Moreover, defendant's overall testimony did not inspire confidence in his credibility. In direct contradiction to the testimony of three witnesses, defendant claimed there were only eight marijuana plants. In addition, defendant provided contradictory testimony, first that the floor sander had labels, then that it had no labels, that it should have had serial numbers on the side, and that the prosecutor was referring to the wrong part of the machine. Defendant denied removing the serial number from the sander, and testified the sanded area was in that condition when he bought the machine. Defendant then stated that Sergeant Machanic was incorrect in testifying that the sanded area was where the serial number should have been, because there was still a serial number on the machine. Defendant added, "I don't know what he said. I'm telling you, there's no serial number." Defendant later testified again that the serial number was on the side of the sander, but there was no photograph showing it. When defendant was shown the photograph of another tool with a number beginning "K-4" and asked whether that was a serial number, defendant evasively replied that it could be anything; that it could be a birthday.

The ammunition was found with envelopes addressed to defendant and two books with defendant's name on them. Defendant admitted to Sergeant Machanic that the ammunition belonged to him, explaining that they were for firearms he no longer had. In his testimony, however, defendant denied that Sergeant Machanic had asked him about the ammunition. When asked whether he was aware on July 29 that he was not allowed to have ammunition, defendant refused to answer, invoking the Fifth Amendment. When the trial court explained he had no such right and ordered him to answer, he said, "Not at the time, no." When asked whether a judge had told him he was not allowed to have guns, he again invoked the Fifth Amendment and refused to answer. Ordered to answer the question, defendant said, "I can't lie. I can't do it. I can't do it." Finally, after the trial judge posed the question, defendant answered it, denying that he had been told not to possess ammunition. Defendant himself did much harm to his own credibility.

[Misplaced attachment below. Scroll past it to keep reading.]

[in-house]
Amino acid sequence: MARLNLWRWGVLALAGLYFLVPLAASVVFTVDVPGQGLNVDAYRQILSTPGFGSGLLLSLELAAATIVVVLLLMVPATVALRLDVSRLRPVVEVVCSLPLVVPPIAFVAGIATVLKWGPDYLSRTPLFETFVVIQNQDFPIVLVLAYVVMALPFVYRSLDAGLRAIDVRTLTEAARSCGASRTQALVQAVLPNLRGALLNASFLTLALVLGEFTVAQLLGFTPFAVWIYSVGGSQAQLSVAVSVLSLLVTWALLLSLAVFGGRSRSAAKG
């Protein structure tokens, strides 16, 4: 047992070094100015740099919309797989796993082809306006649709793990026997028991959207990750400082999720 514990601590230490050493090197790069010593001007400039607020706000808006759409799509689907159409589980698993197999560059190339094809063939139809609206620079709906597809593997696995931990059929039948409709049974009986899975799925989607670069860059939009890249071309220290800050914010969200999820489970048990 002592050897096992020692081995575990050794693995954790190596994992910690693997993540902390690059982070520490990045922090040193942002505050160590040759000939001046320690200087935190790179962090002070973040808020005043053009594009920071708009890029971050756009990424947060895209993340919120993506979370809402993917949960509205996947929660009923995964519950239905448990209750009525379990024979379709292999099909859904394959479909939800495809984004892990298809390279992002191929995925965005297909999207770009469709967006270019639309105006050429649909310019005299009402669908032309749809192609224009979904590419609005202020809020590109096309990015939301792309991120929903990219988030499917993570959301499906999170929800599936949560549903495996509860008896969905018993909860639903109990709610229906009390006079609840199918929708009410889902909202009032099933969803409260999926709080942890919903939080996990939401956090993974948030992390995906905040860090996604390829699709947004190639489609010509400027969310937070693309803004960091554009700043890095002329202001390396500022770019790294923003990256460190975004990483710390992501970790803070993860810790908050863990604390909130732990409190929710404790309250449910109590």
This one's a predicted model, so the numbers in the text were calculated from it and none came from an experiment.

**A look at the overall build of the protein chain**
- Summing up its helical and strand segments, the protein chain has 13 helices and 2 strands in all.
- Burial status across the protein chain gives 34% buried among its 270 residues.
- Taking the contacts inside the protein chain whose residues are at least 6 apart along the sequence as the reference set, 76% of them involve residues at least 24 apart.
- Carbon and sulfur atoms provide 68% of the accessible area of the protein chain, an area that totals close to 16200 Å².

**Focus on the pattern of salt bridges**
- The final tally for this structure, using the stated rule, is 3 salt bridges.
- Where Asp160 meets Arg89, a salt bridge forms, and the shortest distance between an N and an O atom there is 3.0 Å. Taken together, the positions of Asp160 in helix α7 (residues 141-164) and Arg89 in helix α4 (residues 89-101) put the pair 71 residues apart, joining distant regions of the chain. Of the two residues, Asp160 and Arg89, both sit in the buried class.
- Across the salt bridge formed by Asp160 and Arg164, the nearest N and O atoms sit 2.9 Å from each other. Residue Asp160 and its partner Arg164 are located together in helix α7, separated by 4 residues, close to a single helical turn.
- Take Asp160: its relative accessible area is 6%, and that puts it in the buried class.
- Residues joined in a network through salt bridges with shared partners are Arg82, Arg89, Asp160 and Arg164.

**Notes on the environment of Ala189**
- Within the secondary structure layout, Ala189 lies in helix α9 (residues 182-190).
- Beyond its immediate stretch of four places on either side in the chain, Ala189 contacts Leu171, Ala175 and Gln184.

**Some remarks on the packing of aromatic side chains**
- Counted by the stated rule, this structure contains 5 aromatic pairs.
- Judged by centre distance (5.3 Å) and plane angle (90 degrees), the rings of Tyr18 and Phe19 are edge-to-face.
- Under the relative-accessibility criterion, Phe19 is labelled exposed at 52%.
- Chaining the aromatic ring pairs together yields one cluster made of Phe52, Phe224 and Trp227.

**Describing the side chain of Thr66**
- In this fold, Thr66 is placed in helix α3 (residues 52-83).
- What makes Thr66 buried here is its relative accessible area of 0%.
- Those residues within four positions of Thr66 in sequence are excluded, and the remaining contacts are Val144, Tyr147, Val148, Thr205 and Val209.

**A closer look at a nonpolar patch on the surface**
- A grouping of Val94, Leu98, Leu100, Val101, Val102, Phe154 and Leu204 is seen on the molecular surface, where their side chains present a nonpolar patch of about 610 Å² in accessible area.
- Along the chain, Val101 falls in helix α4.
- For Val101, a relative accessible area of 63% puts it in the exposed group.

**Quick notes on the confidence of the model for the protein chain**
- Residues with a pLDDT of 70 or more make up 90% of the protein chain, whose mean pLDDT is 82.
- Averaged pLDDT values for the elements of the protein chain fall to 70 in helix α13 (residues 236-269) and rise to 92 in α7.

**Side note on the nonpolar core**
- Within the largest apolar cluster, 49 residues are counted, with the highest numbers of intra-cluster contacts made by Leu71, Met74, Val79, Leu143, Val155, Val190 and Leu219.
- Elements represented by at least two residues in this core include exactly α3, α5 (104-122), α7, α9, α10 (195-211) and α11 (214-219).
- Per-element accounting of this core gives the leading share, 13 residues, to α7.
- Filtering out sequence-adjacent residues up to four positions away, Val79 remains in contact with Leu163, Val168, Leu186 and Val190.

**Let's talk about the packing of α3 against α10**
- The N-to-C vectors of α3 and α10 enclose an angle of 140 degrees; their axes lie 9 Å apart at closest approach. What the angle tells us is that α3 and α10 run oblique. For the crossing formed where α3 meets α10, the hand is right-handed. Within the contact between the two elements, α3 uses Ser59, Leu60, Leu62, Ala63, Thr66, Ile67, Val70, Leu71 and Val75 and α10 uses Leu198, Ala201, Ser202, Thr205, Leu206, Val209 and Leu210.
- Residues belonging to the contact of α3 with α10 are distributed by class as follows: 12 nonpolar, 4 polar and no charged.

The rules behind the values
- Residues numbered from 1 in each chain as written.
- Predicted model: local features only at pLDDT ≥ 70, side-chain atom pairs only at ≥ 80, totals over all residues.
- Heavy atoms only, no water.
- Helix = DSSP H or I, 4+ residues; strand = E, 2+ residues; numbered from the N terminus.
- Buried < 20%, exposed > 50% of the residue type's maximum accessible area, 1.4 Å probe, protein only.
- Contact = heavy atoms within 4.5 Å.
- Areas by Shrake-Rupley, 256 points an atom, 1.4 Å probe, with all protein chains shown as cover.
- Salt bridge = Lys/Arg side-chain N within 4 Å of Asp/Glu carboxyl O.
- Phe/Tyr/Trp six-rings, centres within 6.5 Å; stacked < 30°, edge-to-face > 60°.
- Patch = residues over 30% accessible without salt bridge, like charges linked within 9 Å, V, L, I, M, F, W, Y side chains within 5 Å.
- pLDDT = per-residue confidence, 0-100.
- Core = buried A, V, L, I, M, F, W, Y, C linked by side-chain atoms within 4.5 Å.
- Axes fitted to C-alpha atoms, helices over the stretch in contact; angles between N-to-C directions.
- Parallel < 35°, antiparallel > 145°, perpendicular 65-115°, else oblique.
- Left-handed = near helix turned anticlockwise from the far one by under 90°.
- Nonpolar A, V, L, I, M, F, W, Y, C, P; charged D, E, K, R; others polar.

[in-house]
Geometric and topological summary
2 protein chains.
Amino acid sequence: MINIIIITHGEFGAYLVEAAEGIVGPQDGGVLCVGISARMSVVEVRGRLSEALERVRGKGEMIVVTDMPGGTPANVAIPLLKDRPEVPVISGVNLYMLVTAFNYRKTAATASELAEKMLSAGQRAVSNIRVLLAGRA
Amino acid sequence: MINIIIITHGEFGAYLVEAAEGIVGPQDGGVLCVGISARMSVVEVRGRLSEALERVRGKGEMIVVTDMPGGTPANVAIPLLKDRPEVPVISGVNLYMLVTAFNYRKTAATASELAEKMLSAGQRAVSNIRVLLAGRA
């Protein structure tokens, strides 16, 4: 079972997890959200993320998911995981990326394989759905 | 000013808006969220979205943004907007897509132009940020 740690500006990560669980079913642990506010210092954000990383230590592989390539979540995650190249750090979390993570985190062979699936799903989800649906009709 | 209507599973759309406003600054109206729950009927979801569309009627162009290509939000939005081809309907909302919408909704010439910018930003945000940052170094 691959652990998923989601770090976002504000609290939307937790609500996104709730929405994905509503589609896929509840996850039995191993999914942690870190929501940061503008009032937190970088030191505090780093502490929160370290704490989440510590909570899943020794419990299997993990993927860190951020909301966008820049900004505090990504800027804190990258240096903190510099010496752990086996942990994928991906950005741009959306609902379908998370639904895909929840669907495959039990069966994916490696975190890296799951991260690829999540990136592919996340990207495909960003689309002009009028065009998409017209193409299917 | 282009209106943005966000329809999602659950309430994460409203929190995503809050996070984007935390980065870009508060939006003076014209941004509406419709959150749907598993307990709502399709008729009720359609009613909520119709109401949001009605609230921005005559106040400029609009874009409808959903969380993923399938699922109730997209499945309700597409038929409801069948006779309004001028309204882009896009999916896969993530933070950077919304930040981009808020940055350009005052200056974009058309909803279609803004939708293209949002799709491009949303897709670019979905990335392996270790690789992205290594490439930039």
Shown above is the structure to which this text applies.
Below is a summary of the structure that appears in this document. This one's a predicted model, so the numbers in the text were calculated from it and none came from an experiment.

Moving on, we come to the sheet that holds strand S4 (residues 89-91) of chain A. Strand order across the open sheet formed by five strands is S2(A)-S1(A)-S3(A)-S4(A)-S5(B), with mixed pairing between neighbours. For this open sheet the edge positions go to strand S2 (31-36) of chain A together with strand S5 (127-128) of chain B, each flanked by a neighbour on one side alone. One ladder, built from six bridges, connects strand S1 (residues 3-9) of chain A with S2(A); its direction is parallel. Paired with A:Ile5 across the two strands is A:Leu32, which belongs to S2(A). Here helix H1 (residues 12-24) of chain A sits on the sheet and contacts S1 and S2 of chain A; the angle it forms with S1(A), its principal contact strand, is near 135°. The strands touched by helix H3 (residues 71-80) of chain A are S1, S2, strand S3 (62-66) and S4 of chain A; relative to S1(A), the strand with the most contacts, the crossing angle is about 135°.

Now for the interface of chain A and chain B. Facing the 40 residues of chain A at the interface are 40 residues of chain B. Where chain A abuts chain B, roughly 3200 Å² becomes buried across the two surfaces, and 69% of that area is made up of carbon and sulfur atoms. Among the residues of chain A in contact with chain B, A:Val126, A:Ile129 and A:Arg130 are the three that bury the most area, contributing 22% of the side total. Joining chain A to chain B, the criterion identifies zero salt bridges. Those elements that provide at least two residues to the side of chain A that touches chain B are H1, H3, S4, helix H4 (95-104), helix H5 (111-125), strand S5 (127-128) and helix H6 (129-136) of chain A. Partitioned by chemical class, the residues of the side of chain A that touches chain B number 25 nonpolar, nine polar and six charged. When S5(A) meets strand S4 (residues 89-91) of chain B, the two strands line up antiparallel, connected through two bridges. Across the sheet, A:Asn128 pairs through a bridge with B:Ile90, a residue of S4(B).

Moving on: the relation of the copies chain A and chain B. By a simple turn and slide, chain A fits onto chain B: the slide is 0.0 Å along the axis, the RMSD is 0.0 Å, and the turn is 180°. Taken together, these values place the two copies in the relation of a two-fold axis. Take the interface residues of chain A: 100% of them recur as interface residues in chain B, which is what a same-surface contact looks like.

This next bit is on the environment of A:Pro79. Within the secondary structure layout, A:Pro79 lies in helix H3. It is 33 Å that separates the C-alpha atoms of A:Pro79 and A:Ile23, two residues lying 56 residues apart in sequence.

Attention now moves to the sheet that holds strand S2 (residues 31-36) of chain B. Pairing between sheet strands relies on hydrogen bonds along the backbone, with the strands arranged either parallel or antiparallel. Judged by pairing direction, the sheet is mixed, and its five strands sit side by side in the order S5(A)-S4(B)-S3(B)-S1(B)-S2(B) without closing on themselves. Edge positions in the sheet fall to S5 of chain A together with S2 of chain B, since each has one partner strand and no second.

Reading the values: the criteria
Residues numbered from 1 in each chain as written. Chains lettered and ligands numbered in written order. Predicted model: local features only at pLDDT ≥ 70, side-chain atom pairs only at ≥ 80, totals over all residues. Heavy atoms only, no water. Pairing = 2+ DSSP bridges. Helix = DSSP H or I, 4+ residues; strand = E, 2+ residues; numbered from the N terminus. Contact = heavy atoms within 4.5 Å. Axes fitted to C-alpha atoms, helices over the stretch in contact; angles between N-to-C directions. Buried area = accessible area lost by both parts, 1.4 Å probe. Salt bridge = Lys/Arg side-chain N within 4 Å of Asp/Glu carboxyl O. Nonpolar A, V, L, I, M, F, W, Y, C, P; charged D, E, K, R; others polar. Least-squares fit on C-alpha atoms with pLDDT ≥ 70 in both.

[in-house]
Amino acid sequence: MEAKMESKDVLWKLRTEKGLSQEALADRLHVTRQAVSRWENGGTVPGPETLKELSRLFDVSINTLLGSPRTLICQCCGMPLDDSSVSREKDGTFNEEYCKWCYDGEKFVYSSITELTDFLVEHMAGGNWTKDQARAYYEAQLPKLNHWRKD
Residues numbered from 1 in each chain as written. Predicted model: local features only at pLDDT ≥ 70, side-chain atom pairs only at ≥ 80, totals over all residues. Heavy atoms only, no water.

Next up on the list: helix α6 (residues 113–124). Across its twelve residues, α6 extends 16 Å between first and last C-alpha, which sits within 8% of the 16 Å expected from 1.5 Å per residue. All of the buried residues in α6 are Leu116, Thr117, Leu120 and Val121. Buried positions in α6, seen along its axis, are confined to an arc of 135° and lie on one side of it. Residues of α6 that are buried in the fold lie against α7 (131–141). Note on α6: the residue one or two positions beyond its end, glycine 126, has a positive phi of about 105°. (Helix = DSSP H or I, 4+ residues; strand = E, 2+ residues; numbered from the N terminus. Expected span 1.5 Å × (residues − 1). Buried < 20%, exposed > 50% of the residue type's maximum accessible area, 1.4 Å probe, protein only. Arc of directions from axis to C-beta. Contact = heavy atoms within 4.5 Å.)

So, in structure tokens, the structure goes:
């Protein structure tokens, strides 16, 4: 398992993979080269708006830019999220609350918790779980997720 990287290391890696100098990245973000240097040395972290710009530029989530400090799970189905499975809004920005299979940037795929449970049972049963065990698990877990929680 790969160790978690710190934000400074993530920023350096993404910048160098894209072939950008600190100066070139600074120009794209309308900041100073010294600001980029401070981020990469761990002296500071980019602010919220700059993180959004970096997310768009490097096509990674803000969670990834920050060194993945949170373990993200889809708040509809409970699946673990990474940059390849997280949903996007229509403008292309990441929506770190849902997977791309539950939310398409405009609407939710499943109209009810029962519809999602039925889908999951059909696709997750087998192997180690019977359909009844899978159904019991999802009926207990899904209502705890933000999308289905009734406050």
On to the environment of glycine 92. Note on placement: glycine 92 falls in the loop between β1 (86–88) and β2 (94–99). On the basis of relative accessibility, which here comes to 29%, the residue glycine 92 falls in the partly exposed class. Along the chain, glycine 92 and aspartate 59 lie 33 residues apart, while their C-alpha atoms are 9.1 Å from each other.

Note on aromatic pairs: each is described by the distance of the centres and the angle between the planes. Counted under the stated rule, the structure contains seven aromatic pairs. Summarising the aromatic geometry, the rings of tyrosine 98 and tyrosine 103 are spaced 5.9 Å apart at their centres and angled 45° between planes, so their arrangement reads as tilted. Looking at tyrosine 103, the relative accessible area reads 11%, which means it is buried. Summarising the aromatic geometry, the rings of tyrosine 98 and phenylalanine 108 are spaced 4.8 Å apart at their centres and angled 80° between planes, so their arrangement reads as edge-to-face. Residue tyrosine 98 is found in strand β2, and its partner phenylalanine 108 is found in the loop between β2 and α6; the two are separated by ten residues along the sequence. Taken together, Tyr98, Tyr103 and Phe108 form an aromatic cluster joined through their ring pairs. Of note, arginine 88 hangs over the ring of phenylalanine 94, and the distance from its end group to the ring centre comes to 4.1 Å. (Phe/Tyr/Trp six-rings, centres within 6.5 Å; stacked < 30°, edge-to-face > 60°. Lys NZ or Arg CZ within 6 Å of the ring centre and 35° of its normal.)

Where the prosecution's case is strong and defendant's testimony implausible, any Castro error will be deemed harmless. (People v. Lang (1989) 49 Cal.3d 991, 1011-1012.) Such is the case here. Had the prior convictions been excluded, defendant's contradictory and evasive testimony would still have harmed his credibility to the extent that there was no reasonable probability of a more favorable outcome.


The judgment is affirmed.


We concur: BOREN , P. J. DOI TODD , J.